Jonathan Green, Artist, Cox Gallery of the Avery Research Center, 12-1:15 pm.
Jonathan Green discusses his art exhibition featured in the Avery Research Center’s Cox Gallery from August 29 – December 15, 2013. Unenslaved: Rice Culture Paintings by Jonathan Green is a body of work inspired by Lowcountry Rice Culture and Green’s involvement with The Lowcountry Rice Culture Project. (http://www.lowcountryriceculture.org/)
The College of Charleston on Saturday recognized its first African-American graduate at a dedication ceremony for the Eddie Ganaway Diversity Education and Resource Center.
Friends, family and college officials gathered to mark the re-naming of the center in Ganaway’s honor.
Ganaway, a 1971 graduate of the college, helped jump-start its diversity efforts, said President George Benson.
Benson said the school is more diverse but it is not yet where it needs to be. “We will get there,” he said.
DERC, which opened in 2010, is devoted to promoting and advancing domestic and global diversity. It offers a wide range of books, journals, videos, recordings and global cultural artifacts that focus on racial, ethnic, social, cultural and religious diversity.
Ganaway left a legacy of faith, hope and love, said Demetria Clemons, a member of the college board of trustees. “He was a humble, spiritual man,” she said.
Ganaway’s achievements show what one committed person can do, said Dr. Lucille Whipper.
“Love to Eddie Ganaway was not just a word, but it was a word with action,” Whipper said.
Ganaway grew up in Charleston Heights and graduated from Bonds Wilson High School in 1962. He attended Benedict College, but a lack of funds led him to enlist in the U.S. Navy where he served as a medic in Vietnam for four years. After his discharge, Ganaway contacted the college admissions office and was encourage to apply. He was admitted in 1968.
“Despite the relative isolation he experienced as one of the few black students on campus, Ganaway came to see the college experience as deeply enriching and rewarding,” according to the college media relations office.
He went on to earn a master’s degree in history from Duke University. He taught at Illinois State University and South Carolina State University. He enjoyed a long career in academia and the insurance industry.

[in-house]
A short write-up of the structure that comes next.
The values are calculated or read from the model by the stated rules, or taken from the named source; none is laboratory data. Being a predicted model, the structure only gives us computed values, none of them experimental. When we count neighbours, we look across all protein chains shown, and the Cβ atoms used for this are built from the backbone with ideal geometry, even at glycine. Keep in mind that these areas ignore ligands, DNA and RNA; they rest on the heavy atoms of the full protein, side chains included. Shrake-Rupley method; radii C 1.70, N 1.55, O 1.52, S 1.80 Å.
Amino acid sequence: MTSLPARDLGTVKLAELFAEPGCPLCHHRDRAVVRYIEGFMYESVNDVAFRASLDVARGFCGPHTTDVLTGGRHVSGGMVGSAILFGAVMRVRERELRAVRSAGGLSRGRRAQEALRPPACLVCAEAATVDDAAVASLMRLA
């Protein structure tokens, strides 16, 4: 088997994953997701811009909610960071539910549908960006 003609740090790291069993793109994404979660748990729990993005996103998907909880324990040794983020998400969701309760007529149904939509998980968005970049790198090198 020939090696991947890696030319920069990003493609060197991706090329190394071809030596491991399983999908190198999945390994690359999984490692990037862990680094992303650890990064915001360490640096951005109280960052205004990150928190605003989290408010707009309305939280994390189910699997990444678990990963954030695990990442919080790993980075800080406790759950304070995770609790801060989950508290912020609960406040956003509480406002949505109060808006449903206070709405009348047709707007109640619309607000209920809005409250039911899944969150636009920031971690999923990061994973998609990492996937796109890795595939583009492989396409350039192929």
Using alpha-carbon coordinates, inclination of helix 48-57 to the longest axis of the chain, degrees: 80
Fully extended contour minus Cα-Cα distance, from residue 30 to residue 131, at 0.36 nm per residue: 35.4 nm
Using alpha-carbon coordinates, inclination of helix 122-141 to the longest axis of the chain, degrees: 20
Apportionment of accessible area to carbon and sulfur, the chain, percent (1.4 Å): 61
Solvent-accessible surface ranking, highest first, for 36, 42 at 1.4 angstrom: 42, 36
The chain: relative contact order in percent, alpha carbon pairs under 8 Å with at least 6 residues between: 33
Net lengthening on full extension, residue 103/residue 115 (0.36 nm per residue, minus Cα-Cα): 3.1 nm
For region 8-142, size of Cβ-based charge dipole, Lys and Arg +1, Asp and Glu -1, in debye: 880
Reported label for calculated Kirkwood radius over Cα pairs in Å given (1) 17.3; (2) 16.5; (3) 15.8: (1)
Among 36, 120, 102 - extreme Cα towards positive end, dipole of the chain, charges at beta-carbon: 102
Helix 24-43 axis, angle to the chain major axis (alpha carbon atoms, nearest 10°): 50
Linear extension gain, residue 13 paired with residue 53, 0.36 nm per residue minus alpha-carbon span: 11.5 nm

Ganaway, who died Jan. 13, founded the College of Charleston’s first Black Alumni Caucus. In 2007, he was awarded a Doctor of Humane Letters from his alma mater. He credited the college with awakening him to “this tremblingly wonderful sense of possibility we all have as human beings.”
Today: November 20, 2013 Time: 3:30 Location: Robert Scott Small Building, Room 250 Sponsor: Office of Institutional Diversity
Ethnic Notions is Marlon Riggs’ Emmy-winning documentary that takes viewers on a disturbing voyage through American history, tracing for the first time the deep-rooted stereotypes which have fueled anti-black prejudice. Through these images we can begin to understand the evolution of racial consciousness in America. (Source: IMDB)
Phil Scher, University of Oregon, Avery Research Center, McKinley Washington Auditorium, 6:00 pm.
Dr. Phil Scher presents his research on the politics of heritage and cultural identity in Barbados. In early March of the year 2000, a very public debate erupted across Barbados’ national newspapers regarding the identity of a designated Barbadian national hero: Bussa. The issue of who Bussa was, was embedded in a more controversial inquiry: Did Bussa play a significant leadership role in Barbados’ most important and signal slave uprising in 1816? What was and is at stake in such debates is, of course, much more than historical accuracy, however that might be interpreted. The debate in question represents only a part of a much larger field of historical production — the effects of which are felt broadly in a society whose feelings about history itself are notoriously complex. This talk is about not only the contestation of a particular historical narrative, but the effect such narratives have beyond the academy to the construction of a post-colonial nationalist mythos of origins with its attendant political priorities.